I’ve followed Headd, the city’s transparency movements and the open government movement for years, so I was eager to pitch and report out a more general-interest focused story. I was also excited to get the piece out to a broader audience — thanks to editor Tom McGrath for the interest and the opportunity.
Read the story here or download the PDF here, on page 24.
An earlier nut graf: Innovation has been seen as strictly in the purview of tiny, agile startups, taking an idea and bringing it to market. But as the speed of new technologies continues to quicken, the need for large businesses to help bring products to market becomes even greater. So big corporations are not only playing a remarkably underplayed role in innovation, they are also innovating in how they change the world altogether.
Give it a read and then check some of the extras from my interviews that didn’t make it into the piece.
Following the indicted former state Speaker of the House, whose corruption trial has been postponed until the fall, we covered what the impact the loss of a 30-year state leader would be on his district, particularly a small swath that had served as his political base.
A year ago, I did a short interview with Rosemary Feal, then the Executive Director of the Modern Language Association, ahead of the group’s annual conference in Philadelphia.
The interview was due to run in the Metro but never did. With a year passed and its hook gone, I run it here for all you grammar geeks because there just might be interest in hearing the thoughts of someone who told me: “I also love the semicolon, but that’s just my personal preference.”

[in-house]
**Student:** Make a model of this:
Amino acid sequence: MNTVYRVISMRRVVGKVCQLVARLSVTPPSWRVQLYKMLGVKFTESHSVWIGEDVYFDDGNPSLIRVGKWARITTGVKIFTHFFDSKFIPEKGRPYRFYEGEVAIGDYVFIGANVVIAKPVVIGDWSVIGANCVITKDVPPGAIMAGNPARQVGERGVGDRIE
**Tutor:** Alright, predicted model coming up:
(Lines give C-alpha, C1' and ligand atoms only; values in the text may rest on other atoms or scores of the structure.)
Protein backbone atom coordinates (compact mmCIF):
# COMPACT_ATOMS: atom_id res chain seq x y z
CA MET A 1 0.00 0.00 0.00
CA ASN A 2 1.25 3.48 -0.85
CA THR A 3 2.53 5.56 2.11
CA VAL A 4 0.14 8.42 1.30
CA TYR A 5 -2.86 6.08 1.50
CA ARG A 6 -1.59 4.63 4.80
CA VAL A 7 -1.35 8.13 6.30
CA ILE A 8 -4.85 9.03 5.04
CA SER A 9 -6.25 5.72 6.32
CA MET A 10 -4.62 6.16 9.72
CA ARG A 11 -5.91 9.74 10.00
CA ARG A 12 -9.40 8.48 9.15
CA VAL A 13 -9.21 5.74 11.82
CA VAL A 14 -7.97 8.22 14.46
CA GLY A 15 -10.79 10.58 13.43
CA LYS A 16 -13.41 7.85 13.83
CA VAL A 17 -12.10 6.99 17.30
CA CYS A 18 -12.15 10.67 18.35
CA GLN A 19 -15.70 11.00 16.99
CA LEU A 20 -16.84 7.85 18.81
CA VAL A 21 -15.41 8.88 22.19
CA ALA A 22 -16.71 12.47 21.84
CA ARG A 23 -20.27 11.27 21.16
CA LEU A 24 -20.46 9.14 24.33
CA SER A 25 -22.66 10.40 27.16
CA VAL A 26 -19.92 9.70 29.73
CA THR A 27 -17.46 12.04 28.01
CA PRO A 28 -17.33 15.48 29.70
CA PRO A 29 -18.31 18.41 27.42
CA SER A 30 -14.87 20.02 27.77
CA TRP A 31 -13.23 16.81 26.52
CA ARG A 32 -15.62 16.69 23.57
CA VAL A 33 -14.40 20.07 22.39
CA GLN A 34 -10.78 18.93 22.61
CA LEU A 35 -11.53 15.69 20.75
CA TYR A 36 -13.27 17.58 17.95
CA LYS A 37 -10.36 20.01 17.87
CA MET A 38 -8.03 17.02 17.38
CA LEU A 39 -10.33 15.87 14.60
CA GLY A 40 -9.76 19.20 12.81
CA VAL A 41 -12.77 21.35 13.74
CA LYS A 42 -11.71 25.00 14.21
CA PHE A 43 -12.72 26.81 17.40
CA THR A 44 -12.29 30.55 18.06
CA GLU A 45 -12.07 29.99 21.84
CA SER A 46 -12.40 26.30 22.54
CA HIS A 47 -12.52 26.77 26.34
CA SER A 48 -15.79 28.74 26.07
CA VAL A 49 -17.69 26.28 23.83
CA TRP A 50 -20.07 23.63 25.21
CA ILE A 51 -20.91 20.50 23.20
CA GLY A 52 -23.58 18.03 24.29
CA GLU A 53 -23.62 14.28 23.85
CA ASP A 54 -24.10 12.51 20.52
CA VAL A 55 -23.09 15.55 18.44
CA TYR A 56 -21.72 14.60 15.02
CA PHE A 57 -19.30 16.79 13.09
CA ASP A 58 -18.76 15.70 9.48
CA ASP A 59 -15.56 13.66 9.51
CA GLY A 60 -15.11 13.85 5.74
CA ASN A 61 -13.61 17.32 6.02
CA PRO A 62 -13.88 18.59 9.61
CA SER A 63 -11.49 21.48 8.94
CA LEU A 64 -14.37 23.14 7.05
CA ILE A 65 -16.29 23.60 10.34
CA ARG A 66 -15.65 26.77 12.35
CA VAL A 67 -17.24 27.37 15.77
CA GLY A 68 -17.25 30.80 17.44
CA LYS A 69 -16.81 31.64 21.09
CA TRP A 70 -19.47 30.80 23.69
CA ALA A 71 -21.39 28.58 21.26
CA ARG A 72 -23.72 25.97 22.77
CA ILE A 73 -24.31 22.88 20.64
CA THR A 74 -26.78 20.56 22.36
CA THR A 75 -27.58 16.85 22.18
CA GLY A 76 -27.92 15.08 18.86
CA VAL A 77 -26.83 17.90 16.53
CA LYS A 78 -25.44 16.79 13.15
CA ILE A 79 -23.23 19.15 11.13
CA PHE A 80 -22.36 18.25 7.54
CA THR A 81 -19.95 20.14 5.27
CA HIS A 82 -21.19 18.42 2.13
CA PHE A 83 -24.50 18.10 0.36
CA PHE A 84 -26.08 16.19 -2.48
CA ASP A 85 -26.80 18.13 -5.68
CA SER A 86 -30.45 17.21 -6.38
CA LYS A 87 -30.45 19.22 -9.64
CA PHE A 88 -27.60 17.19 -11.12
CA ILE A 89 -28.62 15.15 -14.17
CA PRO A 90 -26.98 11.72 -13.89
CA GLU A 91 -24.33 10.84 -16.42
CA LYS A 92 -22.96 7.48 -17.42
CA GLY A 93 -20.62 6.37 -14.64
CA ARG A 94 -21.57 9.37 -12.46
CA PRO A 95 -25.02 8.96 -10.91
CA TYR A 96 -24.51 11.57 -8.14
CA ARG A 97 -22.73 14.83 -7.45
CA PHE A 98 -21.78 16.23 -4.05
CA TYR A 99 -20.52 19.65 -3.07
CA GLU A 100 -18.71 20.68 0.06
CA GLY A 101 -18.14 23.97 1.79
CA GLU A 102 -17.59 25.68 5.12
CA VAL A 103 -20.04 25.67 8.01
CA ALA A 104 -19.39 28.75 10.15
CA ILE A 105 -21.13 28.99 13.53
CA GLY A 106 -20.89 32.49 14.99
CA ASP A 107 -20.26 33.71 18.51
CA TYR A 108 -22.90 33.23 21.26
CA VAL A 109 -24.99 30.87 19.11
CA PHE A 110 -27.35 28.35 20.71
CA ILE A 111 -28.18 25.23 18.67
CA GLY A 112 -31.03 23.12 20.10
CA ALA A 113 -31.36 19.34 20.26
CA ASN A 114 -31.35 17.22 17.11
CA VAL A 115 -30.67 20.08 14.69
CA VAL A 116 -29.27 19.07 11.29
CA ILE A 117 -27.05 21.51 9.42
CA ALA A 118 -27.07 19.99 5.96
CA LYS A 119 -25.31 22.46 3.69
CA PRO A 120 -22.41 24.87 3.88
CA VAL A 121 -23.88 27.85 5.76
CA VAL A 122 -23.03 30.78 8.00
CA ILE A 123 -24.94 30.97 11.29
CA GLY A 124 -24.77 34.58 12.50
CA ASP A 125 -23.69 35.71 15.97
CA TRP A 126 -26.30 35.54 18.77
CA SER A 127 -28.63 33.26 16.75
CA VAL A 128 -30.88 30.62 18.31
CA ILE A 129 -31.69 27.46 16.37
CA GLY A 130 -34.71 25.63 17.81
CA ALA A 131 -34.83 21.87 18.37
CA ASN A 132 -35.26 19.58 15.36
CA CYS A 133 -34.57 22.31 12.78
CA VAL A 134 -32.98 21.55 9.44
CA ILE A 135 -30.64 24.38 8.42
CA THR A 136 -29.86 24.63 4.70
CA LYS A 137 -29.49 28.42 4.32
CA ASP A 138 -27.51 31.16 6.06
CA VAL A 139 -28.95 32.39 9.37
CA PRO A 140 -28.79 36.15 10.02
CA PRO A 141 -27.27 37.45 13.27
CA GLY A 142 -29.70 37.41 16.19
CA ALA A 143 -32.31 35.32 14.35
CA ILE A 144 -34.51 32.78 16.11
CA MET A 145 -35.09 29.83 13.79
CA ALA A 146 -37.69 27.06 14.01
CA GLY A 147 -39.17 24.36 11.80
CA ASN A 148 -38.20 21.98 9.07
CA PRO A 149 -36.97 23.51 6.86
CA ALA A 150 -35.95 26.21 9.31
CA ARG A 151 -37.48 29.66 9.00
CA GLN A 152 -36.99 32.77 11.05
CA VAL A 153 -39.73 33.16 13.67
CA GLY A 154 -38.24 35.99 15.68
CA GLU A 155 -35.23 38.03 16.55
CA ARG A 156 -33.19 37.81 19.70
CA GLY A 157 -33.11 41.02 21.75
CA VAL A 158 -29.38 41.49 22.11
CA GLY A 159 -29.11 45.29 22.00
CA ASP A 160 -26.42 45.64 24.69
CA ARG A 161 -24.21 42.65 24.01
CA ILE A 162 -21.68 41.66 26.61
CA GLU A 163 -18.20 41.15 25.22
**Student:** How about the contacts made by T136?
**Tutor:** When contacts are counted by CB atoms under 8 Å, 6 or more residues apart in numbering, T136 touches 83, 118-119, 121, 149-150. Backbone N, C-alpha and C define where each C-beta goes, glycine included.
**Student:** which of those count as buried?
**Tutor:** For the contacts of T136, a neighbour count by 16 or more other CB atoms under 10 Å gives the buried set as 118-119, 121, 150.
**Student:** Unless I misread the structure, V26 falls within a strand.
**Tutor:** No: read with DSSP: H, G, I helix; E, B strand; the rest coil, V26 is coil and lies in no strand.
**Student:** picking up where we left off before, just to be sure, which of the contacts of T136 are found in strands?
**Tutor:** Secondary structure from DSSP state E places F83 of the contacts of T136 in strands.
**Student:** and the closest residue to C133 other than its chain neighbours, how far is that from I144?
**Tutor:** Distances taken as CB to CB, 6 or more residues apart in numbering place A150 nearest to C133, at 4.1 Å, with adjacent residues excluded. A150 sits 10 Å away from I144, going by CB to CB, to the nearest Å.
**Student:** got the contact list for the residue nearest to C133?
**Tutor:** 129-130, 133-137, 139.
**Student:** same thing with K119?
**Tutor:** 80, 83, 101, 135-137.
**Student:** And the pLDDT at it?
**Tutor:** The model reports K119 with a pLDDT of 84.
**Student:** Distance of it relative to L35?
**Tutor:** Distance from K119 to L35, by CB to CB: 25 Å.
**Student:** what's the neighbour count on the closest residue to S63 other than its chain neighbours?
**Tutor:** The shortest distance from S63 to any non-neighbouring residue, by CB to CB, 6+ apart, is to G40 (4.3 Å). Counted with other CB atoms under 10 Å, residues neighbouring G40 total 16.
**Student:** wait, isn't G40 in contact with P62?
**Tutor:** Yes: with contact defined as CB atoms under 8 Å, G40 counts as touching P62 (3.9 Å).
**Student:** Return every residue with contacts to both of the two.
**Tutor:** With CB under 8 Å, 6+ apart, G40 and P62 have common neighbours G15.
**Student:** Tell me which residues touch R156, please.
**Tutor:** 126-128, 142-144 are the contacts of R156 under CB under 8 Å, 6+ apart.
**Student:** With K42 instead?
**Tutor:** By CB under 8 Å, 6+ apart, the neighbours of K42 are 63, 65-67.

Uwishunu.com (January 2009 to present): I blog on upcoming events and review concerts, culture, arts and entertainment in Philadelphia for the staple blog on what to do in one of the largest cities in the country. See my posts here, and my profile here.
August 2010 Invoice
Mauckingbird Theatre’s take on ‘A Midsummer Night’s Dream’
More than a year ago, I handled a half dozen interviews and a couple rewrites on a story for the Inquirer that covered what Philadelphia workplaces will look like in the future. As is sometimes the case, it never found its home in print.
The story’s primary timeliness has been lost, but I think it still has merit. So, with permission from my editor, I share it below, in addition to a slew of extras from the heavy lifting of reporting.
A few times a month, I go out to civic and town watch meetings in a variety of neighborhoods. Yes, I actually find most of them to be fun — local politics on the smallest of scale.
Since moving to Fishtown, I’ve begun going to monthly Fishtown Action and Fishtown Neighbors Meetings and filing reports for the Fishtown Spirit. It’s all within a few blocks of my house and endearing to be sure. Each month, I’ll probably share those two and any other pieces I might have had in the Spirit.
As I wrote after my first piece for my small, local community news weekly, it’s my way of getting to know new people and the issues facing them in a new neighborhood.
City officials defended two controversial proposals to close a $150 million shortfall in the city’s 2011 budget at last week’s Fishtown Neighbors Association meeting.
During the 90 minute session that saw raised voices and broad criticism of city spending, Deputy Streets Commissioner Carlton Williams addressed a proposed $300 trash collection fee and Mayoral Press Aide Katharine Martin talked about the two-cent-per-ounce sweetened beverage excise tax. Both proposals need City Council approval and remain executive branch proposals that are vying against ongoing deliberations, including suggestions to raise property taxes and tax smokeless tobacco products.
Read the rest here, or below find other pieces I’ve done in the past few months below.